We invited a few seniors in Portland to answer the following question:
What moment in your history do you most vividly remember?
Their responses all reflect thoughtful recollections of memorable life experiences.
Although I was a child during WWII, my memories of that time are still very vivid.
I honestly don’t remember feeling fear growing up in Salem, OR during this time. I do remember the Willamette Valley being transformed due to the war and army bases popping up. Camp Adair was not too far away, and it was common to see soldiers all the time. My father was head of the local USO and was always inviting soldiers home for meals. One soldier, in particular, Kurt Blau was a Jewish soldier from Vienna, Austria. He had lost all of his family during the war and immigrated to the United States and joined the U.S. Army. He was a classically trained pianist, and we all adored him. My father especially, was very close to him. Eventually, he was shipped out to the United Kingdom, but he continued to send us regular updates by mail. One day, my father told us that he had been sent to the front. And then the letters suddenly stopped. We realized he had died. It was a terrible blow.
I also remember food rationing, though turkeys were still plentiful. And because large home freezers didn’t exist at that time, everyone rented them at freezer warehouses.
I also remember that all the silk had to be used for parachutes, so women no longer had nylons. As a result, the fashion trend was to draw a black seam down your leg with a marker to simulate the look of nylons at that time.
Everyone was expected to and wanted to help the war effort, even school children. So in the summer, we would go by the busloads, accompanied by teachers, to the fields to harvest crops and pick the berries. It was something we all enjoyed, and we felt that in our own small way, we were helping our country.
The afternoon started out balmy. I was 17 years old and was asked to help work a promotion at Standard Furniture on SE Foster in Portland, OR. As the day progressed, the sky grew darker and it became quite windy. This was the beginning of what is now referred to as the Columbus Day Storm, Oct. 12, 1962.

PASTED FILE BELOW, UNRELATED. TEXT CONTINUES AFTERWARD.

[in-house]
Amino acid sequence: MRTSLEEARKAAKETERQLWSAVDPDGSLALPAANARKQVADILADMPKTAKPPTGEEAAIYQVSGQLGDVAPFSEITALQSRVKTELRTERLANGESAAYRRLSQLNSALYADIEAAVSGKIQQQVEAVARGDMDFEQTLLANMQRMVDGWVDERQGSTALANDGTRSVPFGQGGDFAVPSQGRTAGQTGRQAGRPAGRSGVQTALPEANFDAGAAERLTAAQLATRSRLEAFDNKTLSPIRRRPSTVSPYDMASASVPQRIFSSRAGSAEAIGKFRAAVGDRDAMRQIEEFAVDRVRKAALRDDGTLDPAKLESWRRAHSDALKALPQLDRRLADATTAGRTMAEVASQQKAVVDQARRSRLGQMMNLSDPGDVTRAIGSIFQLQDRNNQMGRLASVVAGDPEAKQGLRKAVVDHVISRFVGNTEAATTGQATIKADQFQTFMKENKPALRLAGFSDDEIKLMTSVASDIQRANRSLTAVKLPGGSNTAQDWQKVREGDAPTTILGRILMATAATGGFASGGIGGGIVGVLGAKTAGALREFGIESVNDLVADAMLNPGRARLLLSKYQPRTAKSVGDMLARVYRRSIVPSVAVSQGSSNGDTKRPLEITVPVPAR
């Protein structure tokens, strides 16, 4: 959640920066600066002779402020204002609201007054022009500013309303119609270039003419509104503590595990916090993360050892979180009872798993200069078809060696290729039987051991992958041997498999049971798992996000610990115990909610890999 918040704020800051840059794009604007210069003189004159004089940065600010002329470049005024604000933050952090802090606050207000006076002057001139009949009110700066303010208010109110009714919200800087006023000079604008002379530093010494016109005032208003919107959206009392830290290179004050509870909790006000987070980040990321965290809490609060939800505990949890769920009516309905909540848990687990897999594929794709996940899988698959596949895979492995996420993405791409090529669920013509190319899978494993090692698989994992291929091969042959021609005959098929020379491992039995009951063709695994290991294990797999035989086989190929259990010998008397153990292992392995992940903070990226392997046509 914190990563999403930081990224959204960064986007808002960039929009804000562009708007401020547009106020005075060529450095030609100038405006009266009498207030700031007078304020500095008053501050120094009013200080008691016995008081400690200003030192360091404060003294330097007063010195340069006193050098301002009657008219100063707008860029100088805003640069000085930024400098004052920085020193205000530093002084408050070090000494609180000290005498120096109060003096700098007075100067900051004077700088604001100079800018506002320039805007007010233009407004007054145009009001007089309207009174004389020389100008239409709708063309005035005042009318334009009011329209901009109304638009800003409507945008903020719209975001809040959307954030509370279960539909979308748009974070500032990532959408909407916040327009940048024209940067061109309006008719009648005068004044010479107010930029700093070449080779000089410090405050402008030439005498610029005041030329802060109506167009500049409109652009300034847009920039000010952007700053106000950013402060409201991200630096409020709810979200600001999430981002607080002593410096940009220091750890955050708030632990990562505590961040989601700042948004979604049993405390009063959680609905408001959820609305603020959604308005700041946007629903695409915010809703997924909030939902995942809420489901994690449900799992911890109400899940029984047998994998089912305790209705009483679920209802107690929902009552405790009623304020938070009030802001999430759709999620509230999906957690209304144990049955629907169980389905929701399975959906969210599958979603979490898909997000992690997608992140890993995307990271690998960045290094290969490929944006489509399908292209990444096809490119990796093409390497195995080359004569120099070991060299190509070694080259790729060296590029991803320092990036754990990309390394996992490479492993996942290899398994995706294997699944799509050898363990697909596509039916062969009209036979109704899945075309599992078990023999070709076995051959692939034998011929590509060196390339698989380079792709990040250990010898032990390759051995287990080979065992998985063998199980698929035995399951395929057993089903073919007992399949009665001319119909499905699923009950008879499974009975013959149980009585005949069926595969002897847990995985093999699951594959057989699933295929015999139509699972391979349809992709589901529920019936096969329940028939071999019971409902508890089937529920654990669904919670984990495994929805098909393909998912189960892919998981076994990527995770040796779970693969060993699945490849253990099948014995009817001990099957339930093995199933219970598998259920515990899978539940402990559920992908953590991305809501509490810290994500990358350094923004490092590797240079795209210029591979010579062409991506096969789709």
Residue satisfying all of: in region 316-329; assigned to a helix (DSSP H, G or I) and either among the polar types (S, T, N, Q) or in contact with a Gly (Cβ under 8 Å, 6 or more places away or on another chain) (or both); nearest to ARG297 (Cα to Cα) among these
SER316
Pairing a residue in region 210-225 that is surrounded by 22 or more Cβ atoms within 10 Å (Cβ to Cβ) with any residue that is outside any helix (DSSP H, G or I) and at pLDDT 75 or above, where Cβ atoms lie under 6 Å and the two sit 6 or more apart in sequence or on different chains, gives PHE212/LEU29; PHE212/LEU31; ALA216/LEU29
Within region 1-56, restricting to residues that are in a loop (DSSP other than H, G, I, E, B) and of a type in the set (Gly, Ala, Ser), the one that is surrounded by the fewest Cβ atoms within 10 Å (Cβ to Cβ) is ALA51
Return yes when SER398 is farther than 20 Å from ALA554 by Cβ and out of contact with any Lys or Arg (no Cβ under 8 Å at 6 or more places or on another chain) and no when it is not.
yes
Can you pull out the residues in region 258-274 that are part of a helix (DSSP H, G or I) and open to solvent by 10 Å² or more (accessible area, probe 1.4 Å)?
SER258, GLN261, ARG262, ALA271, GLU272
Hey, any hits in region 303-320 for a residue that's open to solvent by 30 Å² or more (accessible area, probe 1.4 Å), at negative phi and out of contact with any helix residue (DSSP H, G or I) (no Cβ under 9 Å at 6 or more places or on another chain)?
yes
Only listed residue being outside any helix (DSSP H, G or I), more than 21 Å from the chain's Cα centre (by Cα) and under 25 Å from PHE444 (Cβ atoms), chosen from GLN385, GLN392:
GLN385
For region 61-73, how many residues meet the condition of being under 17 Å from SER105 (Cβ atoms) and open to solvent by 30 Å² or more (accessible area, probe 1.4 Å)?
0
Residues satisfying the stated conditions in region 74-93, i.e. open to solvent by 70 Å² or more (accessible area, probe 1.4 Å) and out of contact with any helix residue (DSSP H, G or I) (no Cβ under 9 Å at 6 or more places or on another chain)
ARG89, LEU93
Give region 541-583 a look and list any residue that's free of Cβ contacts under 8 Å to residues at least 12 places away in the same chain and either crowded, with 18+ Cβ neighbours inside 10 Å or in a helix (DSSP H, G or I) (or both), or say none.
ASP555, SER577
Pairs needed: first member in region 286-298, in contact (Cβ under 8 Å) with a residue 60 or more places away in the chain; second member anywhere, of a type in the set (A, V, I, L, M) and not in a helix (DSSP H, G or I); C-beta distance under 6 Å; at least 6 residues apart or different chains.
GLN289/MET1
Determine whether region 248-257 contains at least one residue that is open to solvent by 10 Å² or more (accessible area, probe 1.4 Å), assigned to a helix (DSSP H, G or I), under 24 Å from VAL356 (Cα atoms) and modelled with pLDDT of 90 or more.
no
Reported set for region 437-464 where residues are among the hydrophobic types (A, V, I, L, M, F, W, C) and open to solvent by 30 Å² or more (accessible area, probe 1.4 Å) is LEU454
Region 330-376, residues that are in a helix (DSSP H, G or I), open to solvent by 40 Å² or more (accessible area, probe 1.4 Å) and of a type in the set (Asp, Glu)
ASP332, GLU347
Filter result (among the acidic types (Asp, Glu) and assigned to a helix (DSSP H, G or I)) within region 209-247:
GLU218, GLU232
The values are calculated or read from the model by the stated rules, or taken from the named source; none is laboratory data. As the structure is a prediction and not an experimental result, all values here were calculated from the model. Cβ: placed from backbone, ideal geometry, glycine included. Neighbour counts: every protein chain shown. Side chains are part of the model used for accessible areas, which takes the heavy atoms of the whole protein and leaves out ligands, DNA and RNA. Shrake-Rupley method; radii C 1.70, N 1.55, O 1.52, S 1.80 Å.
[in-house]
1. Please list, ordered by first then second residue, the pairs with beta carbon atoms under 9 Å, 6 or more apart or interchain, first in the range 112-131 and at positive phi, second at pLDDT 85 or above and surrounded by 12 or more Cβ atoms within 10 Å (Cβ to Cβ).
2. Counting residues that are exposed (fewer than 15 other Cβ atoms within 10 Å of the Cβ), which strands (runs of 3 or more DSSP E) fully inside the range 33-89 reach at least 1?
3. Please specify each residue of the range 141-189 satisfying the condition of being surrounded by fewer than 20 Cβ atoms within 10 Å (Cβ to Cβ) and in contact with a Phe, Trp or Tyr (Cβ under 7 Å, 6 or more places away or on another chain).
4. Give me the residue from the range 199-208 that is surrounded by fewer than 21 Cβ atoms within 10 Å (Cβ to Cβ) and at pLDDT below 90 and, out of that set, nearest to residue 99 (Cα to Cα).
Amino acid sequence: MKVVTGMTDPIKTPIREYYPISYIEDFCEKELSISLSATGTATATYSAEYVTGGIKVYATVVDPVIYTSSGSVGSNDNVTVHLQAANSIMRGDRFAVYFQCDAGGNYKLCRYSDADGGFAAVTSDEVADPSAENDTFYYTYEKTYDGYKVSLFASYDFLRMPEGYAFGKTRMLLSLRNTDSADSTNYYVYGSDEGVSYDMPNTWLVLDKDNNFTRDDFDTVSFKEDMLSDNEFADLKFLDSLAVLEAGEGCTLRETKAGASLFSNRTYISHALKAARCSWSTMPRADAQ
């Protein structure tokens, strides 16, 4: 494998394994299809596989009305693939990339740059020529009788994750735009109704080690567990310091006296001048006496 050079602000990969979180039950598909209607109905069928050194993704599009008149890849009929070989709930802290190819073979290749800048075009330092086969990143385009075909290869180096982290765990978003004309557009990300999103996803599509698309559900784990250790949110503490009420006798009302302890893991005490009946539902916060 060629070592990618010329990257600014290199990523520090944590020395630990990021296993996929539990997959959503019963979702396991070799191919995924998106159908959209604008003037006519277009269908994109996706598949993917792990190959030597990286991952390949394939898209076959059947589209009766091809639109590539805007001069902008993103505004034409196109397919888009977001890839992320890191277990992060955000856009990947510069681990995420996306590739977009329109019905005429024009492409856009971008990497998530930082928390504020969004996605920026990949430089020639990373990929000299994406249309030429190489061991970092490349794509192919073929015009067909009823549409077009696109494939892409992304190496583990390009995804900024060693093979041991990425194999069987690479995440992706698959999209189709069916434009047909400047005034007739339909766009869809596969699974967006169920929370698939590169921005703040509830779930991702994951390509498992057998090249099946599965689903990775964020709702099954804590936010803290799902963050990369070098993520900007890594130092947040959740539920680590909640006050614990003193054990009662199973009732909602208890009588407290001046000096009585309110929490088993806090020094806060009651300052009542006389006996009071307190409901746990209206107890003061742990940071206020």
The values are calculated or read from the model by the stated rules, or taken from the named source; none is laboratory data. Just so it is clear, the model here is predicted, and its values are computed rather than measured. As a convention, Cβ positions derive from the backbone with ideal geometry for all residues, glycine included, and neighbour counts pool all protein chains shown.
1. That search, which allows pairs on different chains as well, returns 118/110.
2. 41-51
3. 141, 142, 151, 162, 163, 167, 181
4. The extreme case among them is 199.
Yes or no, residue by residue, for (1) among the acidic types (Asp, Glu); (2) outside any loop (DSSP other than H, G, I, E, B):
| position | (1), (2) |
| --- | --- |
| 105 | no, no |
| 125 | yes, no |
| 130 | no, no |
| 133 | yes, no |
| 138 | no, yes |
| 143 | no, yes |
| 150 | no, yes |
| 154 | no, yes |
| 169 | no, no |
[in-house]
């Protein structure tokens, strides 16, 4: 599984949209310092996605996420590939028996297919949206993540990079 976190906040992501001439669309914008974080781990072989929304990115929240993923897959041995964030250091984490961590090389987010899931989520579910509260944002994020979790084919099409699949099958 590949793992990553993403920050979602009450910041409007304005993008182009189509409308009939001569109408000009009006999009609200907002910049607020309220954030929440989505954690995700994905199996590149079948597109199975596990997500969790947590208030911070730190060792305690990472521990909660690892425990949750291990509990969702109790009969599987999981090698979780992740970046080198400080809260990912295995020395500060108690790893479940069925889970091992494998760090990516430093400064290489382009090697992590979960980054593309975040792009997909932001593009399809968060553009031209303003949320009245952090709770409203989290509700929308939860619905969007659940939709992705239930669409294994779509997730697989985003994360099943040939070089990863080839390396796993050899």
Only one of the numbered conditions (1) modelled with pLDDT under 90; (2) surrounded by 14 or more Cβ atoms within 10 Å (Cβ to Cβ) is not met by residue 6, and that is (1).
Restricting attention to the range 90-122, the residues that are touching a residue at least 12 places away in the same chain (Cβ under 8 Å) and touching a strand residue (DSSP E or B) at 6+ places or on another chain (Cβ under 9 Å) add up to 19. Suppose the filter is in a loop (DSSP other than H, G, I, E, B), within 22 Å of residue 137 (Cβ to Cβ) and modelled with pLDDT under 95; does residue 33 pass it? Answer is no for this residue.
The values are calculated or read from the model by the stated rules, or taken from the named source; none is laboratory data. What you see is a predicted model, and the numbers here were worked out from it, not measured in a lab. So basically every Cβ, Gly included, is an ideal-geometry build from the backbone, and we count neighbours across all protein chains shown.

I was working with my dear friend Rick Fendel and his dad, Joe Fendel, a part owner. Needless to say, the sale that was planned was not successful because of the storm. There were many donuts and much coffee to be had, though.
Winds up to 100+ mph were clocked in the Portland area. At one point, we rescued a man who was clinging to a pole.
We formed a human chain to reel him into the store. He helped with the coffee and donuts and went about his way when the storm lessened. I tried to contact my parents, but the phone lines were down, and it was impossible. After the storm, Joe drove me home and we saw the devastation, trees leveled, etc. We lost our chimney at our house. It was a frightening night.
My most vivid memory is the bombing of Pearl Harbor. I remember coming home from church and turning on the radio. And that’s the news we heard. I think I was a freshman in high school. My parents were horrified and knew that my two older brothers would be going off to war before it was over. They indeed did go off to war. One was in the European theater and the other in the Pacific. My oldest brother’s plane was shot down, and he was a Japanese prisoner of war until the war was over. Very vivid, bad memories.
There are two moments in history that I vividly remember. The first was Dec. 7, 1941. We had just returned from church and were sitting down for lunch. My dad had been listening to the radio and came in to announce that the Japanese had just attacked Pearl Harbor. One of my mother’s brothers was in the Navy and was stationed in Hawaii, so we were all concerned for his safety.
I can still picture in my mind, the family sitting in the kitchen and my dad telling us about the attack on Pearl Harbor.
The second moment in history that I vividly remember is Sept. 11, 2001. It was early in the morning. My husband and I were awake but lying in bed thinking about getting up when the phone beside the bed rang. I answered, and it was our son David who lived in Detroit at the time. He said, “Do you have your TV on?” I said, “No, we’re still in bed. What’s going on?”
“The world has changed,” he said.
We turned on our TV in time to see the pictures of the tower in New York falling. David was right. The world had changed, and I can still hear his voice in my head saying, “The world has changed.”
Alyda’s son, David Gilkey was an NPR photojournalist who was killed on June 5, 2016. He was on a reporting assignment traveling with the Afghan National Army when the Humvee he was riding in was ambushed on a remote road. Zabihullah Tamanna, an Afghan reporter was also killed during the attack.